FCC Settles with InfoTrax Systems for Failure to Secure Data of 1 Million Clients

Utah-based InfoTrax Systems, L.C. has settled with the
FCC (Federal Trade Commission) for its failure to protect its data following a
hack that exposed the data for 1 million clients.

Hackers breached the InfoTrax Systems infrastructure and
remained undetected until the company inadvertently discovered the breach when
an archive created by the criminals filled one of the server’s hard-drives to
capacity.

InfoTrax Systems offers back-end operation services to
multi-level marketers, including inventory, ordering, training, data security,
and support for its clients’ website portals. The company stored sensitive
information on its servers, such as Social Security numbers, payment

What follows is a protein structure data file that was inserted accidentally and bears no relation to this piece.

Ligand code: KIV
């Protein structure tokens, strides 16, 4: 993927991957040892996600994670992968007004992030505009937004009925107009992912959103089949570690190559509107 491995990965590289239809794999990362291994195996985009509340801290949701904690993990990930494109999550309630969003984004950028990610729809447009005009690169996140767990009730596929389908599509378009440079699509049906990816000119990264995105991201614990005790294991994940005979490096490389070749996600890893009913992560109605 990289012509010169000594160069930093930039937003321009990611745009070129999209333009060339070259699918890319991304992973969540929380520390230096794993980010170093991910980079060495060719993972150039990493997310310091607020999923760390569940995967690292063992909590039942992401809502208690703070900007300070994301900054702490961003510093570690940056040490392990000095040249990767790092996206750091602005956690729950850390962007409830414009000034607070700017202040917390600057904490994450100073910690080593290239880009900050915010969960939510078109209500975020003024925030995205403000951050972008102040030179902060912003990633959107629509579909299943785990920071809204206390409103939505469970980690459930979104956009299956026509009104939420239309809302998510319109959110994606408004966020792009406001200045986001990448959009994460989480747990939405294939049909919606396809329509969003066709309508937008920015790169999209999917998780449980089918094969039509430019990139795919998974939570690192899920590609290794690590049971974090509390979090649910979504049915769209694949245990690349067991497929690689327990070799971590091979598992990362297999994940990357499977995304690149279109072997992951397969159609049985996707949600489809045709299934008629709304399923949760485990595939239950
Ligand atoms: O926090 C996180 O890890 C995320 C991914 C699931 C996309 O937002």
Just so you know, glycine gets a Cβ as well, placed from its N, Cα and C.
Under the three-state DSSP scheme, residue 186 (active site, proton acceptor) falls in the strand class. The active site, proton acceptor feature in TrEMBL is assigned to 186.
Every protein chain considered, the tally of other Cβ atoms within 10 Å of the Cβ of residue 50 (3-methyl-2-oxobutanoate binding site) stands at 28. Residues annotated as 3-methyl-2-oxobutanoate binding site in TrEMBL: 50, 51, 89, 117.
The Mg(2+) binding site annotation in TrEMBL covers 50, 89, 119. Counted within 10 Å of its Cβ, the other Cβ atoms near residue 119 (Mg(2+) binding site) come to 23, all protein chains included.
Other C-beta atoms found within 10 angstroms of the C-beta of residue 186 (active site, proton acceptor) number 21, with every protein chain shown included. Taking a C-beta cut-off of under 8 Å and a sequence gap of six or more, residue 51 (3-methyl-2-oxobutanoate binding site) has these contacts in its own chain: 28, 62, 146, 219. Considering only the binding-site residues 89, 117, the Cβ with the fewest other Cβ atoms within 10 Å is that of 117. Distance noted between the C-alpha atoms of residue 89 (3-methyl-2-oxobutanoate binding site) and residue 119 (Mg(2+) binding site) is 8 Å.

information, user names and passwords, and various bank information, all in
clear text format.

According to an Ars Technica report,
the first breach took place in May 2014 when the attackers figured out a way to
exploit an unpatched vulnerability. In total, the hacker accessed the company
systems 17 times and gathered data on about 1 million users.

While InfoTrax did eventually secure their network, the
hackers still had access to the systems. The original hacker or others that had
access to the data even logged into the websites of its clients.

“InfoTrax did not detect these intrusions until
March 2016, when it was alerted that its servers had reached maximum capacity.
This alert was due to a data archive file created by the hacker who had
infiltrated its network,” says the FCC in a communique. “InfoTrax’s
security failures not only affected its network but also the websites of its
clients, the FTC alleges. The personal information that the intruder obtained
can be used to commit identity theft and fraud.”

As part of the settlement with the FCC, the company is no
longer allowed to collect, sell, share, or store data on its clients until they
implement a system to secure this information. The settlement also forces the
company to get an external audit of its security systems every two years.

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